A paper from the Crawford School of Public Policy at the Australian National University lays the blame on the pervasive focus on traditional approaches to rural electrification that prioritise grid extension. Grid extensions connect a home to a local utility grid.
But extending the grid lines in the Pacific region whose populations are spread across tens of thousands of islands may not be suitable and cost effective, the paper says.
“Both utility agencies and the private sector need incentives to extend electricity grids and to set up off-grid systems in rural areas. To provide those incentives, government subsidisation of upfront costs is necessary instead of merely subsidising operation and maintenance costs,” says Matthew Dornan, the primary author of the report.
Dornan says off-grid electrification projects, which involve mainly renewable energy, may be more sustainable in the long term. However, it requires significant upfront costs that are often impossible for local households or government to shoulder, he says.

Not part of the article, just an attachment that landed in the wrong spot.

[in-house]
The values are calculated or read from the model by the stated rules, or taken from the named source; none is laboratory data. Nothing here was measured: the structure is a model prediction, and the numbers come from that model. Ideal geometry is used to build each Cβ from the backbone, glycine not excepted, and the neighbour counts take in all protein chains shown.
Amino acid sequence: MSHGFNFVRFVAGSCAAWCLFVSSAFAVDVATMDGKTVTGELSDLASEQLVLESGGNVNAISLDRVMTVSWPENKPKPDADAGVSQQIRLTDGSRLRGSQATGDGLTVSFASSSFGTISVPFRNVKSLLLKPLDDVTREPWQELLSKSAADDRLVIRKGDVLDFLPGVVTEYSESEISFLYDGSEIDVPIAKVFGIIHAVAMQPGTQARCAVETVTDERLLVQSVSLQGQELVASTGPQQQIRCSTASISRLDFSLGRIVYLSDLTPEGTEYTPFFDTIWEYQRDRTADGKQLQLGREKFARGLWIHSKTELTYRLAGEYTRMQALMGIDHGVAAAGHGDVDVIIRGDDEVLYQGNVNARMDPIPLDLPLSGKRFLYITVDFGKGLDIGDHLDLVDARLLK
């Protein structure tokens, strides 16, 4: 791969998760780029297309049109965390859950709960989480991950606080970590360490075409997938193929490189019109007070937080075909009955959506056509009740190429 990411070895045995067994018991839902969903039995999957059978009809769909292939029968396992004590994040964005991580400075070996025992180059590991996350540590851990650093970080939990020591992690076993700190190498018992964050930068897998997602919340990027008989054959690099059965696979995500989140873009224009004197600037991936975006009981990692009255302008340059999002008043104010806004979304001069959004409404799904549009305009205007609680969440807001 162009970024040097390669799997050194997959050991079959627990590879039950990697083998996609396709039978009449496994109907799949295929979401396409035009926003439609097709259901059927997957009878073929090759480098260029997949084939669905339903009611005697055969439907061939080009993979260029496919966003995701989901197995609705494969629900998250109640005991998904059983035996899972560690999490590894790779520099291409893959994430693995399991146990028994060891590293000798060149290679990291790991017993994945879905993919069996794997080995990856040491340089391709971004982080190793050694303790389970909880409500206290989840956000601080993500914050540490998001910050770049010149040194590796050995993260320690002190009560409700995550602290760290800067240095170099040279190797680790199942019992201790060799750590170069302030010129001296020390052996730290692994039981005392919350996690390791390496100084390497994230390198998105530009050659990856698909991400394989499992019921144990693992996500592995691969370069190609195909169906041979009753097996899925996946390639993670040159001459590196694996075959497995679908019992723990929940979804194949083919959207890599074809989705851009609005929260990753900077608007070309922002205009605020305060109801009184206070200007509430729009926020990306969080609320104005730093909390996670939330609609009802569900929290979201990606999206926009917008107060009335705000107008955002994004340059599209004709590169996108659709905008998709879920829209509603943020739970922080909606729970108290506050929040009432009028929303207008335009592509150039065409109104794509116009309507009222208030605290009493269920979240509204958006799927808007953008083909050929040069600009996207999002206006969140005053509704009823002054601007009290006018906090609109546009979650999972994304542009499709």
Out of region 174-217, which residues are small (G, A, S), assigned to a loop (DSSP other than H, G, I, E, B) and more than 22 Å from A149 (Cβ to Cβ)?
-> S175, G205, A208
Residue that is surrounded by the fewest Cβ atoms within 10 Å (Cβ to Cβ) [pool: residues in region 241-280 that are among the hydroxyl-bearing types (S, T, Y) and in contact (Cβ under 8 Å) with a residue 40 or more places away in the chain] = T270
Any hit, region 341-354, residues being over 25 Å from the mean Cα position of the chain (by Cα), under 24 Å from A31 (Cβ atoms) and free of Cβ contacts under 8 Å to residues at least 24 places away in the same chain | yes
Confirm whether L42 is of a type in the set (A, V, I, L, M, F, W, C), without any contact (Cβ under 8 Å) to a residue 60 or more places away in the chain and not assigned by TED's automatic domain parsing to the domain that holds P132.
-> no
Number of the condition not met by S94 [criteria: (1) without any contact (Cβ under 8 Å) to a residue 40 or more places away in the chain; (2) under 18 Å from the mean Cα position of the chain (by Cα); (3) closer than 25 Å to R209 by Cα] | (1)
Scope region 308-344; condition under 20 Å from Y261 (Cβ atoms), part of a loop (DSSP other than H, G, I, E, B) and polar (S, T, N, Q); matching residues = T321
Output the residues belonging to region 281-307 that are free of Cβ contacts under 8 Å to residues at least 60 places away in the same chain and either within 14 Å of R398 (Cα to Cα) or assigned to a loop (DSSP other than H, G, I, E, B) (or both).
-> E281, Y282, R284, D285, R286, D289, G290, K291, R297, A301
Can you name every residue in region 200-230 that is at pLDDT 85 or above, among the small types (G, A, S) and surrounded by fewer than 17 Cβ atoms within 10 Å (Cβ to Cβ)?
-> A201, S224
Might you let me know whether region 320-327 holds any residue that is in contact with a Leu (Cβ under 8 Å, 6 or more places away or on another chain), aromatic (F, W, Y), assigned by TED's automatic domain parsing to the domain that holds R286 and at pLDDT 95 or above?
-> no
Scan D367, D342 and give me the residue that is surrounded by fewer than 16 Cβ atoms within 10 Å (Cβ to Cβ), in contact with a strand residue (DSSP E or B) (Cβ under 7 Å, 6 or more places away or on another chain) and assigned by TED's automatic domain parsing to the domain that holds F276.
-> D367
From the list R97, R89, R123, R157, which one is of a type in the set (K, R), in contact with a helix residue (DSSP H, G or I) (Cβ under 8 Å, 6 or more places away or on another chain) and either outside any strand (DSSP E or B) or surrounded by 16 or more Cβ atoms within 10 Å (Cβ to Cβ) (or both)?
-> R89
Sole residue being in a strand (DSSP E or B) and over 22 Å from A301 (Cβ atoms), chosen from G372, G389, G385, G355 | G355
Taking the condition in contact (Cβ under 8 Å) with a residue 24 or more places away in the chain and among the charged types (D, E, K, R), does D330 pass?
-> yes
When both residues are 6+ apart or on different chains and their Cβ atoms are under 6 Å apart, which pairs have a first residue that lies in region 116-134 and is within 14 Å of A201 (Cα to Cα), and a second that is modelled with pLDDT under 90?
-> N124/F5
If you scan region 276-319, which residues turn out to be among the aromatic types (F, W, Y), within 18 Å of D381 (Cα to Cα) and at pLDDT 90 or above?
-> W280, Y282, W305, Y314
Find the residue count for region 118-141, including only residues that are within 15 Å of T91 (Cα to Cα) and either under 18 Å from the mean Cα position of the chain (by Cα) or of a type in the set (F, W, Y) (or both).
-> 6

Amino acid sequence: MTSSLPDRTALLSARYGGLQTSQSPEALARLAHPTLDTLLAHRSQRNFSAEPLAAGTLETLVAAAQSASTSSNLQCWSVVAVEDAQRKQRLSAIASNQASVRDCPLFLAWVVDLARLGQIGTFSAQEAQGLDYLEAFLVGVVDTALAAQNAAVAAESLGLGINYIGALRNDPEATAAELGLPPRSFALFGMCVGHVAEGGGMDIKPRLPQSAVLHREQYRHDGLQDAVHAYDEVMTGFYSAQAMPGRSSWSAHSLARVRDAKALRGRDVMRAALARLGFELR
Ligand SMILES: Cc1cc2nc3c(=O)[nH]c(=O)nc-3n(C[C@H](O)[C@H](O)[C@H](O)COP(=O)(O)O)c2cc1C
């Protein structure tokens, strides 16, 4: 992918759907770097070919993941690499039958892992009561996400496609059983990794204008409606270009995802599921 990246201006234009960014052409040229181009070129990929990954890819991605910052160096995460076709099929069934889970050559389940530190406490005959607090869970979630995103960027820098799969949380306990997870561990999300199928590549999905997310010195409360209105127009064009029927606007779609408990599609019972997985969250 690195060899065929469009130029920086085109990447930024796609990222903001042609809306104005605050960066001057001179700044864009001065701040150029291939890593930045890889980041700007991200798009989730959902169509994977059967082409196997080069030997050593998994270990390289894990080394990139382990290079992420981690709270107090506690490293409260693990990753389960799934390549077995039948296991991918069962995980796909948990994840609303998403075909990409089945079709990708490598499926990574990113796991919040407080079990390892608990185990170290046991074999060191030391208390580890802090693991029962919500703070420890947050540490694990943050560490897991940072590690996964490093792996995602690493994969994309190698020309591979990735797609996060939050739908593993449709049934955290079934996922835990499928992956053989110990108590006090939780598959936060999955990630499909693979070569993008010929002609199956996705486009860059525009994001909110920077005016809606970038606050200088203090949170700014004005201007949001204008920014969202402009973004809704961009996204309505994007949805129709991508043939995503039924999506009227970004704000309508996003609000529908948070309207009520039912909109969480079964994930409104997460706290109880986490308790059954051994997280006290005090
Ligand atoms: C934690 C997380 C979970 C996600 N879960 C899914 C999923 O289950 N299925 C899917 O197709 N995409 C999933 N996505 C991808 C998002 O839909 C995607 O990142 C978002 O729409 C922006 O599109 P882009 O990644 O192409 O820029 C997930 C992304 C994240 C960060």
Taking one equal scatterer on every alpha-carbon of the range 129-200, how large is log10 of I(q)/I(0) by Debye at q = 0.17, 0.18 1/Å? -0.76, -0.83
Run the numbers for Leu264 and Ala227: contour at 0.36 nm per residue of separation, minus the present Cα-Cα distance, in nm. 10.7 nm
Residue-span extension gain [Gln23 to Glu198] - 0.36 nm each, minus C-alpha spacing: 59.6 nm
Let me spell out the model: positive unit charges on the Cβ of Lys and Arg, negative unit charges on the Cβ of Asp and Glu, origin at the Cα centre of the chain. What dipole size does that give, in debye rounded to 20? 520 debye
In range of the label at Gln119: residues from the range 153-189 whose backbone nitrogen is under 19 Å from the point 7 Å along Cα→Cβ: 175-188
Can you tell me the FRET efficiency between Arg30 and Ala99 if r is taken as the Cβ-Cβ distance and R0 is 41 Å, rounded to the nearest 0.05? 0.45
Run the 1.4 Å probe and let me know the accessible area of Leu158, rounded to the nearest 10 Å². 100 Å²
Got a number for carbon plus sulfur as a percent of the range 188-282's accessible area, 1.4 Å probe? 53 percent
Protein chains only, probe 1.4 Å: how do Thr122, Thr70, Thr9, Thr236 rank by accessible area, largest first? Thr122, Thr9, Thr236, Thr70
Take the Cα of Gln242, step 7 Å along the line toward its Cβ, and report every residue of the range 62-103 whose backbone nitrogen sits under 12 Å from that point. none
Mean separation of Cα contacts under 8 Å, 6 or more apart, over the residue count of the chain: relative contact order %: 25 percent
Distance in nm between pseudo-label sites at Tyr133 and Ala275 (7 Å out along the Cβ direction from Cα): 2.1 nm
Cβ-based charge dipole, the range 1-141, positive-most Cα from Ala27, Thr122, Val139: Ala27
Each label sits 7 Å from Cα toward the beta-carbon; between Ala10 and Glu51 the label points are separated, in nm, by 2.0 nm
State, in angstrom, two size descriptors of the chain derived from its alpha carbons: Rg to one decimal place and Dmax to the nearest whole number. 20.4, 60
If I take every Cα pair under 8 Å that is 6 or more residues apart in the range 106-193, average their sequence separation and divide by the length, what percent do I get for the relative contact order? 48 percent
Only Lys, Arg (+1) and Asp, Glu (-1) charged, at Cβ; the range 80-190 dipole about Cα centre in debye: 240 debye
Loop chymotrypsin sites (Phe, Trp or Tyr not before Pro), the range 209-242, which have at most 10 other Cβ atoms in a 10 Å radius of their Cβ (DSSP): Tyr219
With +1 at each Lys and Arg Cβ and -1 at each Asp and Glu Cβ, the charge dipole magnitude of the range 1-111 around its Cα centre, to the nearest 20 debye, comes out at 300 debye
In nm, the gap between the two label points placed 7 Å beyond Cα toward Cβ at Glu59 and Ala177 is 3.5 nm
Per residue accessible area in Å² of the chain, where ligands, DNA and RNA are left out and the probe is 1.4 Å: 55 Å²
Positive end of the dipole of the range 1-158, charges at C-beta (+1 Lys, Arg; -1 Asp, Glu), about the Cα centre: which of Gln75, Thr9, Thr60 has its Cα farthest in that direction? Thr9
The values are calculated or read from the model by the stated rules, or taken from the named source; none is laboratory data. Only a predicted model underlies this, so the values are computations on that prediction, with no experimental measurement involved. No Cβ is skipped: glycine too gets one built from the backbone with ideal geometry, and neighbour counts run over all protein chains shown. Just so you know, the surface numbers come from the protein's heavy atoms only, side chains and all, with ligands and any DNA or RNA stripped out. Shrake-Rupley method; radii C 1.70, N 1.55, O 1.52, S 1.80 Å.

“In terms of off-grid technologies, the key is simplicity,” explains Dornan. “Technologies should only be installed where they can be supported by institutional arrangements, be that a utility agency or a community technician.”
Renewables may play a stronger role in low-density, off-grid networks, but only with large-scale support, experts say.
According to Linus Mofor, a spokesperson for the International Renewable Energy Agency, “institutional strengthening, increased collaboration among islands and enhanced coordination of development partners, donors, regional institutions and national authorities and institutions are essential for efficient use of resources for renewables deployment in the region.”
Though his paper focused on SIDS, Dornan believes that his findings can help governments and development institutions alike in tackling the challenges of energy poverty.
“Sub-Saharan African and Pacific island countries can learn from one another given the capacity constraints that governments in both regions share,” he notes.
This article has been produced by SciDev.Net's South-East Asia & Pacific desk.